Killester

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Killester, 2007

Killester (Irish: Cill Easra) is a small, largely residential, suburb of Dublin, Ireland on the Northside of the city.


Killester is also a civil parish in the ancient barony of Coolock.[1]

Location and access[edit]

Killester is located between Clontarf, Donnycarney, Raheny and Artane, and it falls within the postal districts of Dublin 3 and 5. St. Anne's Park lies just beyond Killester on the Raheny/Clontarf side. The area lies either side of the Howth Road, as far as the Malahide Road, and is also reached by Collins Avenue (East).

It has a rail station on the DART line (also on the Dublin-Belfast line but with no stopping of inter-city trains), and Dublin Bus routes 29A, 31, 32A/B and 42A from the city centre go through the area. The original Killester railway station opened on 1 October 1845[2] but closed after two years, re-opening on a new site about 200 m (656 ft) further north in 1923.

Killester lies within the Clontarf/Dublin Bay North electoral district.

History and religion[edit]

Killester has been noted in city and church records going back many centuries, with variant spellings such as "killtrsta" (St. Laurence O'Toole) and "Kylestre", and was the site of both an early church and a convent or monastery. The name probably means "Church of (St.) Stra". The ruins of a religious building can still be seen, and nearby there is a modern convent, with a school.

The manor of Killester was given to one Adrian le Brun in the twelfth century. In the seventeenth century it was owned by the White family, from whom it passed by inheritance to the St Lawrence family, Barons and later Earls of Howth. In the seventeenth century it went to the Cootes, a branch of the family of the Earls of Mountrath.

Today there is a Roman Catholic Parish of Killester. The current Roman Catholic church, on the Howth Road, opposite St. Brigid's National School, began construction in 1924, and was consecrated in 1926. For many years, it was Parish Church for the combined parish of Killester and Raheny. It was extended in 1952, and a new Resource Centre was built alongside in the 2000s. Notably, the church held a reputed relic of St. Brigid, one of Ireland's three Patron Saints; a fragment of her skull was brought from Portugal in 1928; the relic was stolen. Alongside the church is a parish resource centre, opened in autumn 2004, with multiple rooms and a coffee shop overlooking the church's peace garden.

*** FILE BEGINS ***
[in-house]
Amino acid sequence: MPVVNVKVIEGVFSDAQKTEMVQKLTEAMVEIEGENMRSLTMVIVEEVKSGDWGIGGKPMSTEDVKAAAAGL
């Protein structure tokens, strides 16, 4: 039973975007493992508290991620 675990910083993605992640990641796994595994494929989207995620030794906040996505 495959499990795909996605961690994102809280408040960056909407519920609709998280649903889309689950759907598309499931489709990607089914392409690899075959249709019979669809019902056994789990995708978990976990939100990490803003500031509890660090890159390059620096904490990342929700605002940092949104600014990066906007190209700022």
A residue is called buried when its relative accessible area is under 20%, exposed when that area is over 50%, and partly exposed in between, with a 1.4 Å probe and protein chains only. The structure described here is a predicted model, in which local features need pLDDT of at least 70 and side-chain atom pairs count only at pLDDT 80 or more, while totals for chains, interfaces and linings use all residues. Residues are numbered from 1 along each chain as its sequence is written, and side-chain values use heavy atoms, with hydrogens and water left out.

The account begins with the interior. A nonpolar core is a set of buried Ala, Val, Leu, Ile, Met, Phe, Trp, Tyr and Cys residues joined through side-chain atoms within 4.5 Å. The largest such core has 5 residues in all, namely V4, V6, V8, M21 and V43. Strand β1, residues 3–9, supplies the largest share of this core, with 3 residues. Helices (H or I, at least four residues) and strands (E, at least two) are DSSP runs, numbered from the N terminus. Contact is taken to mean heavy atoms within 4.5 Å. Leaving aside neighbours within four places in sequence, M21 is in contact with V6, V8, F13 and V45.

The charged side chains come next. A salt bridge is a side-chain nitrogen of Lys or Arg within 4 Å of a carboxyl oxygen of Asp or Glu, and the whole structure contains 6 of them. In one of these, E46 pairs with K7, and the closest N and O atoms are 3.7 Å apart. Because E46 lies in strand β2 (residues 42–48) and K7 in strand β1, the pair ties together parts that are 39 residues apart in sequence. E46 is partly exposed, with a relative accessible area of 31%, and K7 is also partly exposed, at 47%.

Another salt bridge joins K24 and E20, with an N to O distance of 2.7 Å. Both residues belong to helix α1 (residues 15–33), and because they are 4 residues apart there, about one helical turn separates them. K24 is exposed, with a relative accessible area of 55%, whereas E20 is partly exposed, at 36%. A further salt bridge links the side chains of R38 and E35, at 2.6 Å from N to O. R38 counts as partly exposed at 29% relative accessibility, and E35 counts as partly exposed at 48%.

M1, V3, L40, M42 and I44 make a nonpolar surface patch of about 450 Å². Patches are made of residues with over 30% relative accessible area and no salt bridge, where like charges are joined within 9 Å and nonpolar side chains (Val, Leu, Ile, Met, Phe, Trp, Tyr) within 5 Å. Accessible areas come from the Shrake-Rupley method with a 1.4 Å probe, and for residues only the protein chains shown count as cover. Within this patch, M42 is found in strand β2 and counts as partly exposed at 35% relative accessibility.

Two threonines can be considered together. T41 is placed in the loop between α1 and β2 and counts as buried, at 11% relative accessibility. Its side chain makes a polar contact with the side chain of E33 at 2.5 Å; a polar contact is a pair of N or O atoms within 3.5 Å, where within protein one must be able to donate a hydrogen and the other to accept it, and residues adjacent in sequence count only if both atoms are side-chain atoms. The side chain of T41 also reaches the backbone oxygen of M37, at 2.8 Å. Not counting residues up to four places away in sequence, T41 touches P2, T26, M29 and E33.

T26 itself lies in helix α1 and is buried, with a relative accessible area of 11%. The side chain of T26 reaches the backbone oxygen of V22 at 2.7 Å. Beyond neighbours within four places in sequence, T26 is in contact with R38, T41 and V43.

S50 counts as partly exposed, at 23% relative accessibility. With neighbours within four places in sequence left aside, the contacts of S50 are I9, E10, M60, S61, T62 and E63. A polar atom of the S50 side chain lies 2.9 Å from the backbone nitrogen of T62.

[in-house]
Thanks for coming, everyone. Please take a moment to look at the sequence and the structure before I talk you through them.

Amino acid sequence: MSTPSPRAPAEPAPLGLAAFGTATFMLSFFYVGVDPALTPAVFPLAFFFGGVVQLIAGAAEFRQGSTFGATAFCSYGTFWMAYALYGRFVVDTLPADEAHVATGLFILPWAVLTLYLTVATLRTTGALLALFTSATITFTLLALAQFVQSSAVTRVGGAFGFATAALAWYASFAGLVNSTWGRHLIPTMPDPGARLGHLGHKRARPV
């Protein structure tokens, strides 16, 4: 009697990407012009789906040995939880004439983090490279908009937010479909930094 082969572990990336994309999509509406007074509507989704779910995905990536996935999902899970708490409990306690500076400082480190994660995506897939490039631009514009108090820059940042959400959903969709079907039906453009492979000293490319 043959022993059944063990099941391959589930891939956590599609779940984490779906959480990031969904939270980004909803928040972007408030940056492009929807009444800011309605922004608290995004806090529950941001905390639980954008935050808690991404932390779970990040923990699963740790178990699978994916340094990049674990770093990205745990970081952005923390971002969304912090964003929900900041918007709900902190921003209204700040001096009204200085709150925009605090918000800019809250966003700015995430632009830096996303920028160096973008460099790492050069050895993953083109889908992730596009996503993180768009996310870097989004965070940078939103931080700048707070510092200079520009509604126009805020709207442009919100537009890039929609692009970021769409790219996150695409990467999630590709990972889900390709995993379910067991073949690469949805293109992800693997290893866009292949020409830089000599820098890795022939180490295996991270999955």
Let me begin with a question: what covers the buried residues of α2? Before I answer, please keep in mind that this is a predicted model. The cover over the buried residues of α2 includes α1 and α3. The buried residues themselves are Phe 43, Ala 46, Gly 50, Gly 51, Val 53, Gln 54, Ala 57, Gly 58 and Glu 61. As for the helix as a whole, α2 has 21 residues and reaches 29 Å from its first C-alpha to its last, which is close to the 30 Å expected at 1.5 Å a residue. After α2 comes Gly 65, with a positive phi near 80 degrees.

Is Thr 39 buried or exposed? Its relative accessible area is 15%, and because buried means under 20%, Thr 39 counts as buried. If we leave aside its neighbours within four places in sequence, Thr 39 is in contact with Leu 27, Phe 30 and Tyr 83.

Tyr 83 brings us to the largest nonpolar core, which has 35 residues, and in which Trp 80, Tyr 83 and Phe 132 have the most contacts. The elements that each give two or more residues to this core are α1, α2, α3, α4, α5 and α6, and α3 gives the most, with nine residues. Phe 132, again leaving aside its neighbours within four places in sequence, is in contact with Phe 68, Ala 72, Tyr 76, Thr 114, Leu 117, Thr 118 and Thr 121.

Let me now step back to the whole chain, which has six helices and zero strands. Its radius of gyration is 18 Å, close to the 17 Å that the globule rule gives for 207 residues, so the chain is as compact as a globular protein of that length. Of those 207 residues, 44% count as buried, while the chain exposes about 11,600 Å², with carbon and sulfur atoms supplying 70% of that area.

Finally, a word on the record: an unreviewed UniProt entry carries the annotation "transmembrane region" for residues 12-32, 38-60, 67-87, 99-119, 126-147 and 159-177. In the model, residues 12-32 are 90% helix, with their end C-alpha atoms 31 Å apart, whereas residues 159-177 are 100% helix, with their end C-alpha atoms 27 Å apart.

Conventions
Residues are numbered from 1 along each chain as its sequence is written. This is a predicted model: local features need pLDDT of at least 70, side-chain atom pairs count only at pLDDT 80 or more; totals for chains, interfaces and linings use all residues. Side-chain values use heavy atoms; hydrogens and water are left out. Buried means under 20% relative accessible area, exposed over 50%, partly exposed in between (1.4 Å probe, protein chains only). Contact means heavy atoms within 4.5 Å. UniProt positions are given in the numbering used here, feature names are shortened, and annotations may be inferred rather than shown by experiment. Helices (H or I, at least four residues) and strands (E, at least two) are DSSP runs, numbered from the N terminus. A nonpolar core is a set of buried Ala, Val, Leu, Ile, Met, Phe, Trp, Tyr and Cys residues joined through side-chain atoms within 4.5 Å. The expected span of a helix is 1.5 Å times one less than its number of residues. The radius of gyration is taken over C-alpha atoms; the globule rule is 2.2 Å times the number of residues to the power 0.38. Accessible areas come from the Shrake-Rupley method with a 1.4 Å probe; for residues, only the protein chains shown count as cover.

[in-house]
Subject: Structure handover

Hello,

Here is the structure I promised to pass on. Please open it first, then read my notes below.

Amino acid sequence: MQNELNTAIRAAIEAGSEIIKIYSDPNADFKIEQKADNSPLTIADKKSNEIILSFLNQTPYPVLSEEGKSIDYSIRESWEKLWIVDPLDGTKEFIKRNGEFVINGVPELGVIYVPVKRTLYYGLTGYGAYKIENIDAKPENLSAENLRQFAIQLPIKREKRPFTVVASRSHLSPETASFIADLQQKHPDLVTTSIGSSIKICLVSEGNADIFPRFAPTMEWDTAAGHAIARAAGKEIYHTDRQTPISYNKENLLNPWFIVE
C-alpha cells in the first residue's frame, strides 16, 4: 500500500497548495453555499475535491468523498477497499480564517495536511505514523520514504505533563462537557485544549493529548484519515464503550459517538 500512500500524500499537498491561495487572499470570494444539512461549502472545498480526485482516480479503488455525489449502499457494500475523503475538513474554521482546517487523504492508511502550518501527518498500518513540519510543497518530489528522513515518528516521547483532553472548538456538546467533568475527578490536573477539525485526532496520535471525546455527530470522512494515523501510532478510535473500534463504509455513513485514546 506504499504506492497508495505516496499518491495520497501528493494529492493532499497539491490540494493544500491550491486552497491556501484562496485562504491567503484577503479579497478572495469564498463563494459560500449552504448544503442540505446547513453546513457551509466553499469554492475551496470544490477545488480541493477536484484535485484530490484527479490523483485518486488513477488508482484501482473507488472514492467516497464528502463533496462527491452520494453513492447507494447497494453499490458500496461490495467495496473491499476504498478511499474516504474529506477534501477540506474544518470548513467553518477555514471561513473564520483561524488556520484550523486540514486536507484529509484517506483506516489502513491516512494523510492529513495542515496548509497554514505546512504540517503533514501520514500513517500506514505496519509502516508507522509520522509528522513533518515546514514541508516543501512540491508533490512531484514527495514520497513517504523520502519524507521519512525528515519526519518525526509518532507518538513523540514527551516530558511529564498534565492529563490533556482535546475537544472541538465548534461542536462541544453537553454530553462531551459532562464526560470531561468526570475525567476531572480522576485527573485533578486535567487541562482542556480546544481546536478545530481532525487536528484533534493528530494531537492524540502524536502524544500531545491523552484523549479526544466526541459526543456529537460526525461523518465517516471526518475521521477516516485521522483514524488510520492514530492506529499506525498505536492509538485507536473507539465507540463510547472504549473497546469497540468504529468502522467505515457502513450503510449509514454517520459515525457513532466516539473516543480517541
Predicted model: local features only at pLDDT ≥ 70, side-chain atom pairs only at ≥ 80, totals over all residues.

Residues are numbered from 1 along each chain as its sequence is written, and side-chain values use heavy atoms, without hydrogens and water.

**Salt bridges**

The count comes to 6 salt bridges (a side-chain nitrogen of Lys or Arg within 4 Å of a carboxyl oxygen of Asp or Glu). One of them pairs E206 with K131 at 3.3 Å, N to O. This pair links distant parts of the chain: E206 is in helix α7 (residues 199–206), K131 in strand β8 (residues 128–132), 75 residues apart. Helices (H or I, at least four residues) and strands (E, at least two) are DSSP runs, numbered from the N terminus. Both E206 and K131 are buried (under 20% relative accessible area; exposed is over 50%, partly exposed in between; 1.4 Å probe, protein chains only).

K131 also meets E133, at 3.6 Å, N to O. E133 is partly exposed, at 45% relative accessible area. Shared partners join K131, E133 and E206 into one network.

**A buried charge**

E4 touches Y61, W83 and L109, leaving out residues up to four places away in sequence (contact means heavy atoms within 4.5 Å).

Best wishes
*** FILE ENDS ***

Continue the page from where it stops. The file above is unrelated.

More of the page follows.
The old Parish of Killester in the Church of Ireland (the Parish of St. Brigid) was merged with Clontarf Parish in 1686 (church located on Seafield Road), and the combined entity still serves the Anglican communities of both areas. A new parish centre was built beside the parish church in the 2000s, to serve the needs of parishioners and, as capacity allows, the wider community of all faiths.

Killester is perhaps best known for its association with World War I veterans who were settled there in planned development from late 1922 onwards. Much of the personal and social history of this phase in Killester's development over the last century is recorded and discussed online at a Facebook page[3], where pictures and historical anecdotes are documented.

Amenities[edit]

Killester has a shopping plaza with a range of shops including a SuperValu supermarket, pharmacies, a service station, cafes and a pub. It is the site of a third-level institution, Killester College of Further Education, formerly known as St. Peter's College. The primary schools in the area are St Brigids girls national school, St Brigids boys national school. Secondary schools include St Mary’s, St Paul’s and many children in the area also attend Holy Faith Clontarf, Manor House, St David’s, Belvedere and the institute of education.

Residents[edit]

References[edit]

  1. ^ Placenames Database of Ireland - Killester civil parish
  2. ^ "Killester station" (PDF). Railscot - Irish Railways. Retrieved 2007-09-03.
  3. ^ https://www.facebook.com/killesterhistory
  4. ^ Keys, Colm (28 September 2019). "Maintaining standards over a long period is now my big motivator". Irish Independent. Independent News & Media. Retrieved 28 September 2019.
  • Garrett, Arthur; 2006 (new edition), Killester, Dublin: History of Killester Parish

External links[edit]

Coordinates: 53°22′18″N 6°12′15″W / 53.37155°N 6.20419°W / 53.37155; -6.20419